Jan. 26 (UPI) -- The person responsible for sending the false ballistic missile alert to Hawaiians last month is not cooperating with an investigation, the Federal Communications Commission said.
Lisa Fowlkes, the head of the Public Safety and Homeland Security Bureau at the FCC, said Thursday on Capitol Hill during a hearing with the Senate Committee on Commerce, Science and Transportation that Hawaii leadership is helping in the probe of the incident, but the key employee in the case has not.
Fowlkes said the FCC was "pleased" with cooperation from the state emergency agency but noted the commission was "disappointed, however, that one key employee -- the person who transmitted the false alert -- is refusing to cooperate with our investigation."
"We hope that person will reconsider," Fowlkes said.
Hawaii Emergency Management has also expressed their desire for the employee to cooperate with the investigation.
"We share FCC Public Safety Bureau Chief Lisa Fowlkes's disappointment," Hawaii Emergency Management said in a statement. "The Hawaii Emergency Management Agency has encouraged its employees to cooperate in all ongoing investigations. While cooperation is in the end a matter of choice for each individual, we hope that anyone who is not cooperating will reconsider and assist in bringing these matters to a satisfactory conclusion."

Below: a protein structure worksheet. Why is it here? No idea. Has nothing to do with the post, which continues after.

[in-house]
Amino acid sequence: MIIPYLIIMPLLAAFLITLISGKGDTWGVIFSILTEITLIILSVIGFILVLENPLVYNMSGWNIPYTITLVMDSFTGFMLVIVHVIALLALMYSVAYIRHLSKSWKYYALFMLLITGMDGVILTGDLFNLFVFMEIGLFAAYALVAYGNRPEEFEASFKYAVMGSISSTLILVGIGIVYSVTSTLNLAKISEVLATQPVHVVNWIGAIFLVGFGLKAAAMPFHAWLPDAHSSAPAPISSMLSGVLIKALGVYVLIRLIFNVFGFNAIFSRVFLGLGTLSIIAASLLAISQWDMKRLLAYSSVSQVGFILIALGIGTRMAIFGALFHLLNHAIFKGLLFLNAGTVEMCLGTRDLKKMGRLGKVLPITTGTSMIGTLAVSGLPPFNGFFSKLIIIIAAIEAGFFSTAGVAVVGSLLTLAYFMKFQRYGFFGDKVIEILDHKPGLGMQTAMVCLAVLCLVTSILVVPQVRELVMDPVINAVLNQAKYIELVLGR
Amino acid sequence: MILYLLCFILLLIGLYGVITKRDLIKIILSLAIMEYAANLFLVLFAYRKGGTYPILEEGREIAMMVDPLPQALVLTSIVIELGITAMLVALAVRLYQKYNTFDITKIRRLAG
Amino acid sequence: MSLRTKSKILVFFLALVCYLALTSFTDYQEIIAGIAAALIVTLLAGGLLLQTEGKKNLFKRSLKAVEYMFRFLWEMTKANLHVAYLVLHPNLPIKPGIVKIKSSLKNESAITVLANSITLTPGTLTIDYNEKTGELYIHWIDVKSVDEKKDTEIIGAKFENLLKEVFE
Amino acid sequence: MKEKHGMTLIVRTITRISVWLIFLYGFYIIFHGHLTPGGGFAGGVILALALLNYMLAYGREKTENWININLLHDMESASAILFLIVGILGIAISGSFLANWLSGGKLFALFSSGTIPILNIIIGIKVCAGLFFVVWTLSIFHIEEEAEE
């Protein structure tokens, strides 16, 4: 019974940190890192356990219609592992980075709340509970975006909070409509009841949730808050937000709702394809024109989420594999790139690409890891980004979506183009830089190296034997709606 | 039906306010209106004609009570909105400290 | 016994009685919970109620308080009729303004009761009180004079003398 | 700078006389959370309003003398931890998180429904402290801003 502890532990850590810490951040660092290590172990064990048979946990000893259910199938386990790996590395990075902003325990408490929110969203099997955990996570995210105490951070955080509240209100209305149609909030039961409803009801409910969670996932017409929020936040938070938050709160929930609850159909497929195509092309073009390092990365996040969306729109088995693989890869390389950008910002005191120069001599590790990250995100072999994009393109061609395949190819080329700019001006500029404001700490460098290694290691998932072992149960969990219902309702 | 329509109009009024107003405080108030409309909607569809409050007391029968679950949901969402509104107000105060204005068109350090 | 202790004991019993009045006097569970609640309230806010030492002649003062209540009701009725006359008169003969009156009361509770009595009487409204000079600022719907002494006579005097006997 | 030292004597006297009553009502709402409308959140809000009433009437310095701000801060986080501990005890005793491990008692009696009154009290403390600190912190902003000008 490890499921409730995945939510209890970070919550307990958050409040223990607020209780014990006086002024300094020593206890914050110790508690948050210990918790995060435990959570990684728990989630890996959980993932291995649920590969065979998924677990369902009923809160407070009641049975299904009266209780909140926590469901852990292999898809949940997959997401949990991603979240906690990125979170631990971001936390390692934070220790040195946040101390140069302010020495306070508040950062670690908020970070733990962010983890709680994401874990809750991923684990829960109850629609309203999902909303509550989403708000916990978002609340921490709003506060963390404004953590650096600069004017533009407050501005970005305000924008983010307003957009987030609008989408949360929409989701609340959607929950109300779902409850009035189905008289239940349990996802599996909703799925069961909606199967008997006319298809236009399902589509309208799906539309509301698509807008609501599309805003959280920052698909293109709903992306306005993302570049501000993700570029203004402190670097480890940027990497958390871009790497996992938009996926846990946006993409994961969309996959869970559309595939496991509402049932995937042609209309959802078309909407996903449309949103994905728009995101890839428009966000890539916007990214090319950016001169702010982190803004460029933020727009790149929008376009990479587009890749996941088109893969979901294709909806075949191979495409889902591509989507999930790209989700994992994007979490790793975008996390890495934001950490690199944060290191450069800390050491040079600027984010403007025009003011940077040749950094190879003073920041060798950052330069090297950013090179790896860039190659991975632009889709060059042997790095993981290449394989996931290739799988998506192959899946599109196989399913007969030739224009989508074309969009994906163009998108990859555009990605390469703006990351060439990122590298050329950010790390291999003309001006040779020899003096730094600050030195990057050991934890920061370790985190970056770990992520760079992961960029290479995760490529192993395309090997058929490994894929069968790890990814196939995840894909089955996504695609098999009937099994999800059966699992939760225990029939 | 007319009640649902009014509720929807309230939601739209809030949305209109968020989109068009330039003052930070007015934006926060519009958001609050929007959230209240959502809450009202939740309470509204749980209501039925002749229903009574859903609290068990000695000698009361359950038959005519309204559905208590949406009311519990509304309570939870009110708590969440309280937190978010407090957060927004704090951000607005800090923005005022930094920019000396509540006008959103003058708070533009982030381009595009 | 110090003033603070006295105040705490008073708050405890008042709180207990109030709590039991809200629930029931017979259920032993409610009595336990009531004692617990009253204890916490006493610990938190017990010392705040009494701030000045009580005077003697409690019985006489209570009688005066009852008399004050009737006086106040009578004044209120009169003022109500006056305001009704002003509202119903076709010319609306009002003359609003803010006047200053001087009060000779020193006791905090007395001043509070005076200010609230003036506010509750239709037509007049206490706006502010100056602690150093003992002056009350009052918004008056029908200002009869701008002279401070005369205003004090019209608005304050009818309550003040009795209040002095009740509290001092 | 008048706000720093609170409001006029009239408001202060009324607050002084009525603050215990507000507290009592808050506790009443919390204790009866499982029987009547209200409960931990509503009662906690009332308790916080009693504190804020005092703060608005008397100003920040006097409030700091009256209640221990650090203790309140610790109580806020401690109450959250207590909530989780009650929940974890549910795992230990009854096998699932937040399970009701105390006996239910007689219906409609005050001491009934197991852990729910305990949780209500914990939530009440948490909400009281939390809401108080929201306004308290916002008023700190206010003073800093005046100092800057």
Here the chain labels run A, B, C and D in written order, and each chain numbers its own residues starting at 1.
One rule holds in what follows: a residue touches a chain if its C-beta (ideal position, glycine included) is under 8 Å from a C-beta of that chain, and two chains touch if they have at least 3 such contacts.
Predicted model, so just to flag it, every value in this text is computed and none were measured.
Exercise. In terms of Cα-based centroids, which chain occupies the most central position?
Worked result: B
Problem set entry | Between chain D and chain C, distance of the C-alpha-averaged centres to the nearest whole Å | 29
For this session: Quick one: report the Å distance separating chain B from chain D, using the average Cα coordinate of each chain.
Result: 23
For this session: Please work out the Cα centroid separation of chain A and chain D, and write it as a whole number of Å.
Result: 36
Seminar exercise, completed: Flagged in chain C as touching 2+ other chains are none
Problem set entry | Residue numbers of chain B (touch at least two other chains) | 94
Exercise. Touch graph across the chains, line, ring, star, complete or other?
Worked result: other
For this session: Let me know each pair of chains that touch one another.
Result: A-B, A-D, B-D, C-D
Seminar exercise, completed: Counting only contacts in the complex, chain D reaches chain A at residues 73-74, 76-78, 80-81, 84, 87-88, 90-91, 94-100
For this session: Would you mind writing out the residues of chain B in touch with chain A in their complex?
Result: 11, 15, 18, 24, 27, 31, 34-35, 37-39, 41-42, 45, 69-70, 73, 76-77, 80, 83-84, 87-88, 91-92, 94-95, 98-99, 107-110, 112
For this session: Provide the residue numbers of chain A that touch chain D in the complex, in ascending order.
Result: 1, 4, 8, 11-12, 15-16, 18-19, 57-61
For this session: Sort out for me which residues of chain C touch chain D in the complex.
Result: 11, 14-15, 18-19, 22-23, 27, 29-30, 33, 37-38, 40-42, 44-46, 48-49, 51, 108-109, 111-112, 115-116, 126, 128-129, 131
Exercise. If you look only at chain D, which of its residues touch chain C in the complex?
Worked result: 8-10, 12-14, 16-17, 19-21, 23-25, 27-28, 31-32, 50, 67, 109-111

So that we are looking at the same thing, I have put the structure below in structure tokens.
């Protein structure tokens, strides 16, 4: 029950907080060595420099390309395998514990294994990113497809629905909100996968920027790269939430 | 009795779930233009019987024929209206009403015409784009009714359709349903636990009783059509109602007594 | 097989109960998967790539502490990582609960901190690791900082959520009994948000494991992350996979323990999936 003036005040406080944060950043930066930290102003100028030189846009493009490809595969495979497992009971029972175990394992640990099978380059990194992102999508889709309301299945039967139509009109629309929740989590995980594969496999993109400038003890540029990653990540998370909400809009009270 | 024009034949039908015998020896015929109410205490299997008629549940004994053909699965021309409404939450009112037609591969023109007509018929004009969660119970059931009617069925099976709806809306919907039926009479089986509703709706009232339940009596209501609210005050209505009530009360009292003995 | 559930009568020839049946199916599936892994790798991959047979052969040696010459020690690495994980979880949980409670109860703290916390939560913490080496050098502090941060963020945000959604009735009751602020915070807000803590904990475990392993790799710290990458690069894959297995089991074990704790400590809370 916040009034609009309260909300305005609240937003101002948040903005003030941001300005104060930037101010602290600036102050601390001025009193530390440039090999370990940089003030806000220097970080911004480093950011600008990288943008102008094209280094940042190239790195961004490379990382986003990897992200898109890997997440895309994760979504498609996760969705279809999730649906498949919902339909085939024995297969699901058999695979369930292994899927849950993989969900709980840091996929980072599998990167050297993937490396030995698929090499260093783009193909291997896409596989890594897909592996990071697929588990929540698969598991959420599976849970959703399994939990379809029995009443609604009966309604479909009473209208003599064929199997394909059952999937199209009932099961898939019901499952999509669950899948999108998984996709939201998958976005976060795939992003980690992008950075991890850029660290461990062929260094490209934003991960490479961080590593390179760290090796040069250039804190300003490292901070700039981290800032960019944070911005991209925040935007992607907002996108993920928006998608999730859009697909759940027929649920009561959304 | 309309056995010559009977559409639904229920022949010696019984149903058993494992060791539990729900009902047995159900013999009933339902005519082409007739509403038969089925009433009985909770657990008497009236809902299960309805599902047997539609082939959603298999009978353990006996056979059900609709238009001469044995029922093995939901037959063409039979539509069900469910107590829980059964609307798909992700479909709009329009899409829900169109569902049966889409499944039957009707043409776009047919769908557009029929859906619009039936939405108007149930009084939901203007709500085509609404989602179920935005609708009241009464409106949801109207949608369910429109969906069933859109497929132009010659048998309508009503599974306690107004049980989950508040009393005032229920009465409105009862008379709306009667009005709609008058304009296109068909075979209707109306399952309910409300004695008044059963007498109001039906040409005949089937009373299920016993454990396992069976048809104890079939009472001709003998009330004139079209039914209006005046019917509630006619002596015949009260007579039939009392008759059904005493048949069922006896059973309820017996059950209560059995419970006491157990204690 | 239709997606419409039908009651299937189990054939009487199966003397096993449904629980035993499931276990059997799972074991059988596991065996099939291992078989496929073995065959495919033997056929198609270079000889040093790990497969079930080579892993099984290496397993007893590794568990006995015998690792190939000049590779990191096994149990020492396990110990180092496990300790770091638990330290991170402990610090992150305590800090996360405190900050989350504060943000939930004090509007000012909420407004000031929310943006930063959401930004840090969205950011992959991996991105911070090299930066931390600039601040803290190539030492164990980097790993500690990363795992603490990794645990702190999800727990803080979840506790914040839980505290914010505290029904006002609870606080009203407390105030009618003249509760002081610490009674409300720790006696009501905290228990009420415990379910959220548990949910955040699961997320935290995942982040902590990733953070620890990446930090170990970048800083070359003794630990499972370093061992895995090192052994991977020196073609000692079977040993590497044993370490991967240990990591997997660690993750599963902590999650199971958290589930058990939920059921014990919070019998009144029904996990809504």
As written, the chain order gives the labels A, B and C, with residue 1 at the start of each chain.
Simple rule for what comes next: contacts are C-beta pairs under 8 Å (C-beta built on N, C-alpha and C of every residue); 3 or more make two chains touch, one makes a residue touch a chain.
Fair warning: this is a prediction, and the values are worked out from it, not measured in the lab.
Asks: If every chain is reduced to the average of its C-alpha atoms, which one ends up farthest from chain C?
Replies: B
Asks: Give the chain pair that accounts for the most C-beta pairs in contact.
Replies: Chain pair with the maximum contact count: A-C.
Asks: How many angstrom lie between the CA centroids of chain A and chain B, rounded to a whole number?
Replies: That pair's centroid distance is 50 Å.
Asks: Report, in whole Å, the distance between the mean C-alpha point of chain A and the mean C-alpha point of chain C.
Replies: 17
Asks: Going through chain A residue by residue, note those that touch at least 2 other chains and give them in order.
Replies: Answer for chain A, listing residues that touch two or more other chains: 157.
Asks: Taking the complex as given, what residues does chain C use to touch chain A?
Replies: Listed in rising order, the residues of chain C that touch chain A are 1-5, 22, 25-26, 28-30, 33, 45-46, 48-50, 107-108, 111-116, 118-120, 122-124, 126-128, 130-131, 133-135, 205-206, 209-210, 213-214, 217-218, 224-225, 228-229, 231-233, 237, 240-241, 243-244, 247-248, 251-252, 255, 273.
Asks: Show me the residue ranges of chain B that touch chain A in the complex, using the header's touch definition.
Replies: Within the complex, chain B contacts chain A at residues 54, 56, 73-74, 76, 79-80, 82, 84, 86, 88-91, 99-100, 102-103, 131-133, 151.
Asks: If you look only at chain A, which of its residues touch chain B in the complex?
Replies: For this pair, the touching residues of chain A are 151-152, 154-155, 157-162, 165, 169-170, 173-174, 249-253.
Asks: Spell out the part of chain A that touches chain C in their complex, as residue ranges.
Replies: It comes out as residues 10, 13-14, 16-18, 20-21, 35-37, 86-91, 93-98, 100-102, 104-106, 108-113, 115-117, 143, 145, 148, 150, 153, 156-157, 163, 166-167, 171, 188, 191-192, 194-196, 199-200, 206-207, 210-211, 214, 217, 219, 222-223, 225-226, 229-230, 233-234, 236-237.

The false alert sent to cellphones across the state of Hawaii month resulted in mass panic across the state as civilians braced for a ballistic missile strike.
Ten minutes later, the Hawaii Emergency Management Agency confirmed there was no threat.
Although the investigation is ongoing, Fowlkes told the committee that "based on current information it appears that the false alert was a result of two failures: First, simple human error. Second, the state did not have safeguards or process controls in place to prevent the human error from resulting in the transmission of a false alert."